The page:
Recently I lost a sister through cancer. In my previous column, I described her death, how the pain and devastation of this disease eventually reduced her to a state wherein in many ways she resembled a baby… helpless, vulnerable, unable to speak, needing constant care.

Along with this, the cancer was causing her such pain that even the strongest pain-killing drugs were no longer effective and she was, at the end, reduced to a state of constant groaning.

As we, family and friends, watched this we recognized something utterly primordial, in terms both of human nature and faith. She was about to be reborn, and, in a strange way, she was again being reduced to being a baby. But something else was happening too. Her groans were those of a mother giving birth. In dying like this, she was both baby and mother.

Moreover, there was something else evident in her death—something which is perhaps the least understood aspect in the way that Christ died and in the way many persons who die from terminal illnesses parallel that death. Let me try to explain:

When we look at Christ’s life and death we see a curious design: A long period of intense activity, within which he is the one who is giving and doing, is followed by a brief period before his death within which he is helpless, passive, and is the one to whom things are being given and done to.

We see this pattern in Christ’s life. From the time he begins his public ministry until the night before his death, for the most part, he is the active one. He is the one who teaches, heals, feeds, consoles, challenges and prays for others. He is the doer—the miracle worker, the community­ builder, the instituter of cult, the minister. Only to a lesser degree do others minister to him.

Then, from the time he is arrested in the garden until he dies, things reverse. He enters his passion (passiveness/passio), his ministry now is to be receptive, passive, to let others do things to him. During his final hours, he does nothing except submit to what is being done to him.

It is both curious and ironic that it was precisely in those last painful hours, when he was most passive in terms of activity and ministry, that Christ did the most for us in terms of salvation.

We were graced through what Christ did for us during his active ministry, but we are particularly saved through what he did for us in his passion and death… a time when, in our ordinary manner of perception, he appears least active and most helpless in terms of doing anything for us.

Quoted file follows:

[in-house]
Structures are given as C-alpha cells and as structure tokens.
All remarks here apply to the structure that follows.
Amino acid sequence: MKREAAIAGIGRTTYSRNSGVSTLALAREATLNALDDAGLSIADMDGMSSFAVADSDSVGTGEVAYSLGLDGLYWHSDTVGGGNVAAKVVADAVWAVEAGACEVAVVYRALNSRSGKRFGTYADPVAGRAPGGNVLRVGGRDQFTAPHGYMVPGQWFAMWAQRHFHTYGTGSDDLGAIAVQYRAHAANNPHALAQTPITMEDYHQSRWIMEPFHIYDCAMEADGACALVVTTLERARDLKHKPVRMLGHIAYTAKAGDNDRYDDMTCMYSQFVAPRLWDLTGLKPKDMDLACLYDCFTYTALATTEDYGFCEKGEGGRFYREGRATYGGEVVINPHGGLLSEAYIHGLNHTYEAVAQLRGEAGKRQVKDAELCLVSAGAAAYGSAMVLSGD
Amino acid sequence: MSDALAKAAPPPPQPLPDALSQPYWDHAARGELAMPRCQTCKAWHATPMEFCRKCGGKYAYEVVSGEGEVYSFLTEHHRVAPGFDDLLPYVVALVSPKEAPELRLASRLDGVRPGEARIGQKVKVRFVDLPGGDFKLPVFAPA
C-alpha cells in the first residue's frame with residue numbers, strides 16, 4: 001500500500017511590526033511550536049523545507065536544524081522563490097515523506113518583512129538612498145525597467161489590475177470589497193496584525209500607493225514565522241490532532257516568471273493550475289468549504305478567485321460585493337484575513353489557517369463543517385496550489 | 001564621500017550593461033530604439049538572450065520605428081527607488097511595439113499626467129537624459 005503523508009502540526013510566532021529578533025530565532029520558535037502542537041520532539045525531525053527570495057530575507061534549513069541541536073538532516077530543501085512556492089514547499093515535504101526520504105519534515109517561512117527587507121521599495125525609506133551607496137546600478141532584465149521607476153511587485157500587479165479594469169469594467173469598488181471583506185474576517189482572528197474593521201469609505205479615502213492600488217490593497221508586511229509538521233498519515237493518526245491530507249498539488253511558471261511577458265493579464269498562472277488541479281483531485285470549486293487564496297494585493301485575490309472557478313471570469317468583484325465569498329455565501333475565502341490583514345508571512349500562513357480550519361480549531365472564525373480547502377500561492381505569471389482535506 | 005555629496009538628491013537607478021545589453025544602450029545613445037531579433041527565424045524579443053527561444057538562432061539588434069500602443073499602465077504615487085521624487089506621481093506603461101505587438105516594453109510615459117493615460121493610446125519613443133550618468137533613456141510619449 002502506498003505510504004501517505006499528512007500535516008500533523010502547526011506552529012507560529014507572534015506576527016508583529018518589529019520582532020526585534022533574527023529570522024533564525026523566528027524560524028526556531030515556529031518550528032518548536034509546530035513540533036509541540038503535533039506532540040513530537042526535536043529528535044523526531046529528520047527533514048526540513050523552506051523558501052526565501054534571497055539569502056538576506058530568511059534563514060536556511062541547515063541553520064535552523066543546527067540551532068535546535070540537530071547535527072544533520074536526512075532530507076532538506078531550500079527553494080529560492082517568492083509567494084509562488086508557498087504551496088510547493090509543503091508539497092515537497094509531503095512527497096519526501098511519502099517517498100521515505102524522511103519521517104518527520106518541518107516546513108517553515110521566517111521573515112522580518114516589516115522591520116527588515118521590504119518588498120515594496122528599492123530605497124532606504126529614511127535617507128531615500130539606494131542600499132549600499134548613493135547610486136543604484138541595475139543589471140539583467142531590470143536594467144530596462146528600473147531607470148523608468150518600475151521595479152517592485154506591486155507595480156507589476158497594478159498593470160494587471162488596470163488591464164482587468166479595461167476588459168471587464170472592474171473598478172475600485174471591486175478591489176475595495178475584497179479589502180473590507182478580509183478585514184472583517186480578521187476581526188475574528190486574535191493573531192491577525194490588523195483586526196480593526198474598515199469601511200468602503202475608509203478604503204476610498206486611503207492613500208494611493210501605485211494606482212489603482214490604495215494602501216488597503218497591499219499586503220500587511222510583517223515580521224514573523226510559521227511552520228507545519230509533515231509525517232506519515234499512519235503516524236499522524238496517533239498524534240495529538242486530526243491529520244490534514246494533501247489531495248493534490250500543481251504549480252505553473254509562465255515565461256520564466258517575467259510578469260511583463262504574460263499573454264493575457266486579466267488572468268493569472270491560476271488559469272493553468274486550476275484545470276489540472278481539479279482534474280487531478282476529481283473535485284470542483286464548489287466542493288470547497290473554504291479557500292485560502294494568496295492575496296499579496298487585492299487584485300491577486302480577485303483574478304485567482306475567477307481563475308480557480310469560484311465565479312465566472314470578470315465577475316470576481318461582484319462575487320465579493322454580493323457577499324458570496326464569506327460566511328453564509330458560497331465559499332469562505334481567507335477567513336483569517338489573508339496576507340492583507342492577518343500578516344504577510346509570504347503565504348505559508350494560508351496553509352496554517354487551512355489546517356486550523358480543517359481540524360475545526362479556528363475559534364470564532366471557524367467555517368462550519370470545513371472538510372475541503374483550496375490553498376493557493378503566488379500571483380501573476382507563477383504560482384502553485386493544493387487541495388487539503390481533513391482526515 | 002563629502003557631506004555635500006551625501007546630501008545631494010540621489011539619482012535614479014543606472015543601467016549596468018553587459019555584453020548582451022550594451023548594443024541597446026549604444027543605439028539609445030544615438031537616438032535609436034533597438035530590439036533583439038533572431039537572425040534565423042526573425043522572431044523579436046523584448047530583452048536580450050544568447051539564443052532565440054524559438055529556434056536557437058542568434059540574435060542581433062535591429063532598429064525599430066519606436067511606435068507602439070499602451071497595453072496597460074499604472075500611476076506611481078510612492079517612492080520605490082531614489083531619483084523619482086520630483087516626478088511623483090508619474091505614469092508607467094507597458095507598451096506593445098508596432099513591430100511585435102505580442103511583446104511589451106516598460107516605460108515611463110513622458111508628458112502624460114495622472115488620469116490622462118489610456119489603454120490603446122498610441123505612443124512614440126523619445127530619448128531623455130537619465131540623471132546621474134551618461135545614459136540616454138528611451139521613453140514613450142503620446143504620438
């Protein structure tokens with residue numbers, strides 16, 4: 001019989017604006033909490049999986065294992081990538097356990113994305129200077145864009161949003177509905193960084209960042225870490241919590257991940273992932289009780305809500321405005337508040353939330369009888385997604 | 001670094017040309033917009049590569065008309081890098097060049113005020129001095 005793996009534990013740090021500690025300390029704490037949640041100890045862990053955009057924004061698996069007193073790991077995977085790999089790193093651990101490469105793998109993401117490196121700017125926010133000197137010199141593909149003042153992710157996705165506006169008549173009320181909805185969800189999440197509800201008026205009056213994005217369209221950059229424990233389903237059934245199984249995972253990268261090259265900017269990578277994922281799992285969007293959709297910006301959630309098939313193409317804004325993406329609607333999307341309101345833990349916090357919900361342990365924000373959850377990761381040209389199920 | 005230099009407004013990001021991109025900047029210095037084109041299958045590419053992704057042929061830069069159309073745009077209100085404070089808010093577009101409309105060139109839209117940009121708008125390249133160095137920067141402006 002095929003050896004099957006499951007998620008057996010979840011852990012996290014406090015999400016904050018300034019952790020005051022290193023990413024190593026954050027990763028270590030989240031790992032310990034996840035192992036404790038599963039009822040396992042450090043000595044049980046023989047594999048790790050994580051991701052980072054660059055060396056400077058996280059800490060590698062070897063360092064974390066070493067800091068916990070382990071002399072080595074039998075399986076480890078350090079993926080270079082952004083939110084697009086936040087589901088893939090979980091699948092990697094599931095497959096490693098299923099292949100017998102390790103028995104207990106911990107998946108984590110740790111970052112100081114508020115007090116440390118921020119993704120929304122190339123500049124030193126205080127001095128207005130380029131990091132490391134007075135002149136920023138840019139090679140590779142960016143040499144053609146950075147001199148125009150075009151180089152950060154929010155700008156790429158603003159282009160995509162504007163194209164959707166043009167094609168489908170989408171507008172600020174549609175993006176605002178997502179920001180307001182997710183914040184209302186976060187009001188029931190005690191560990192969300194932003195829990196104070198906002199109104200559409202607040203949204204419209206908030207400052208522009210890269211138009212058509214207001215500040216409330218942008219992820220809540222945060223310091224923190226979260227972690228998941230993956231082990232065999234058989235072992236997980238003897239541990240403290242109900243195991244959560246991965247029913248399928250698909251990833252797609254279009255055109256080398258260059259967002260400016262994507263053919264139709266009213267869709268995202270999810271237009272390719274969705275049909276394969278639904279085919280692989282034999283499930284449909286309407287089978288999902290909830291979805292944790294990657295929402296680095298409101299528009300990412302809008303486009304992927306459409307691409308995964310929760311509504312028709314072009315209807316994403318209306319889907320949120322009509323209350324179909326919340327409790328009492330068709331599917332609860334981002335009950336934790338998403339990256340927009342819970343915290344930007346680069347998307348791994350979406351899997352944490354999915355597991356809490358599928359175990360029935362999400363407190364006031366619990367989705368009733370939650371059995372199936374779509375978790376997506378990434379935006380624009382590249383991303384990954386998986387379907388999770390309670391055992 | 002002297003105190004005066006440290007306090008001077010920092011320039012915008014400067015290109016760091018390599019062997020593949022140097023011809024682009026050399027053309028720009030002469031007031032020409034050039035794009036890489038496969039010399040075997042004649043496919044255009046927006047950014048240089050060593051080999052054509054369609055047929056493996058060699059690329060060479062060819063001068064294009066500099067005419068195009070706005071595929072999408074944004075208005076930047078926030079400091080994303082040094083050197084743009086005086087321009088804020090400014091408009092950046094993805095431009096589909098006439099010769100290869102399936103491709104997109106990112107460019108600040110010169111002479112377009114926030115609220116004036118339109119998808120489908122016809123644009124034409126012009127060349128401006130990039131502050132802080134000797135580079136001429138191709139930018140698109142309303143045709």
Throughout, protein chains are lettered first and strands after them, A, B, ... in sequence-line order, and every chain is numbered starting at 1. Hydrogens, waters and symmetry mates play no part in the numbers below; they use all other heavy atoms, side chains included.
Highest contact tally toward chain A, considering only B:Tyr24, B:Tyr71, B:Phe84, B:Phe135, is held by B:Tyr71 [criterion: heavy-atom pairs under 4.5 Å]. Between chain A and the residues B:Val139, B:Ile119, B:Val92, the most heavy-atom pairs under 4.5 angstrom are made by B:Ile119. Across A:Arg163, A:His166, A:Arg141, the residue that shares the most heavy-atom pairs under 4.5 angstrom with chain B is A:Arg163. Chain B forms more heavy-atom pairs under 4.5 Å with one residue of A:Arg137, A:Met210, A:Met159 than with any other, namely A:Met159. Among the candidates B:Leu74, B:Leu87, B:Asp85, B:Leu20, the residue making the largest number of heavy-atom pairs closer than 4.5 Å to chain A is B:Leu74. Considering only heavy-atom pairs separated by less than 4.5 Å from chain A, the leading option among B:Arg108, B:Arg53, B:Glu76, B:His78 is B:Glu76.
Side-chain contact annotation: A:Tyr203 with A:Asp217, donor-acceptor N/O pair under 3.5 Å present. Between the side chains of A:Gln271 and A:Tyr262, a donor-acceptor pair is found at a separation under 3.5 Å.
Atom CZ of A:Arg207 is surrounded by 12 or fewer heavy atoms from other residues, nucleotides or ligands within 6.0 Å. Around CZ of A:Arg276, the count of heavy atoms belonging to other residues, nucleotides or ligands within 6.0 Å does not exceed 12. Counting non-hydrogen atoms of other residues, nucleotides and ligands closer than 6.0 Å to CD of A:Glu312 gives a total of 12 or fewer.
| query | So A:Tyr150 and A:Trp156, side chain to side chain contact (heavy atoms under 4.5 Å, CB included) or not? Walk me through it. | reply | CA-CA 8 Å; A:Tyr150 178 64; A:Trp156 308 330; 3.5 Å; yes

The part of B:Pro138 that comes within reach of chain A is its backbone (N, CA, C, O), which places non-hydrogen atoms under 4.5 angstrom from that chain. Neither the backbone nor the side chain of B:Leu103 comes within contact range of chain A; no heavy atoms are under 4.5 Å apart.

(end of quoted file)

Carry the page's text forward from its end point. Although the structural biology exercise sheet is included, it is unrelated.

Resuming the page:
My sister’s life and death closely parallel this design. Like Christ, she died young. Cancer caught her in the prime of her life and she died just days after her 54th birthday.

During her whole life she had distinguished herself as the prototype doer—homemaker, teacher, and, for the last 16 years of her life, Dean of Students at an all-girls academy where she was mother, big sister, nun, counsellor, doctor, advocate and companion to hundreds of young women.

She also played the same role in our own family, replacing my parents after they died 20 years ago and being, for the rest of us, the family centre and organizer. And she loved it… she loved being the doer!

But, like Christ, in the last days of her life the roles reversed. She was passive, the one to whom things were being done to. And, like Christ too, I don’t doubt for one minute that she was able to do more for us and give more to us during her passion than during all those years when she actively did so much for us.

Henri Nouwen, in a fine little book entitled In Memoriam, describes his own mother’s death. He tells how painful and great was her struggle to accept death fully in faith, to let go and how this so shattered his own previous naive fantasy of how a woman so full of goodness and faith should ideally die.

For a time, he admits, it did not make sense, until he realized how closely her death paralleled Christ’s. She had Christ’s selflessness, his heart and mind, and should it not make sense, he hints, that she die like him?

Why is the death of good people so often shrouded in pain, humiliation, struggle, helplessness and groaning? Because, as can be seen in Christ’s death (and in my sister’s death and in the death of millions of others), there is birth within death, death within birth, receiving within giving, giving within receiving.

The mystery of redemption, as can be seen from Christ’s life and death, is deep, paradoxical, partly unfathomable, constantly surprising and always life-giving.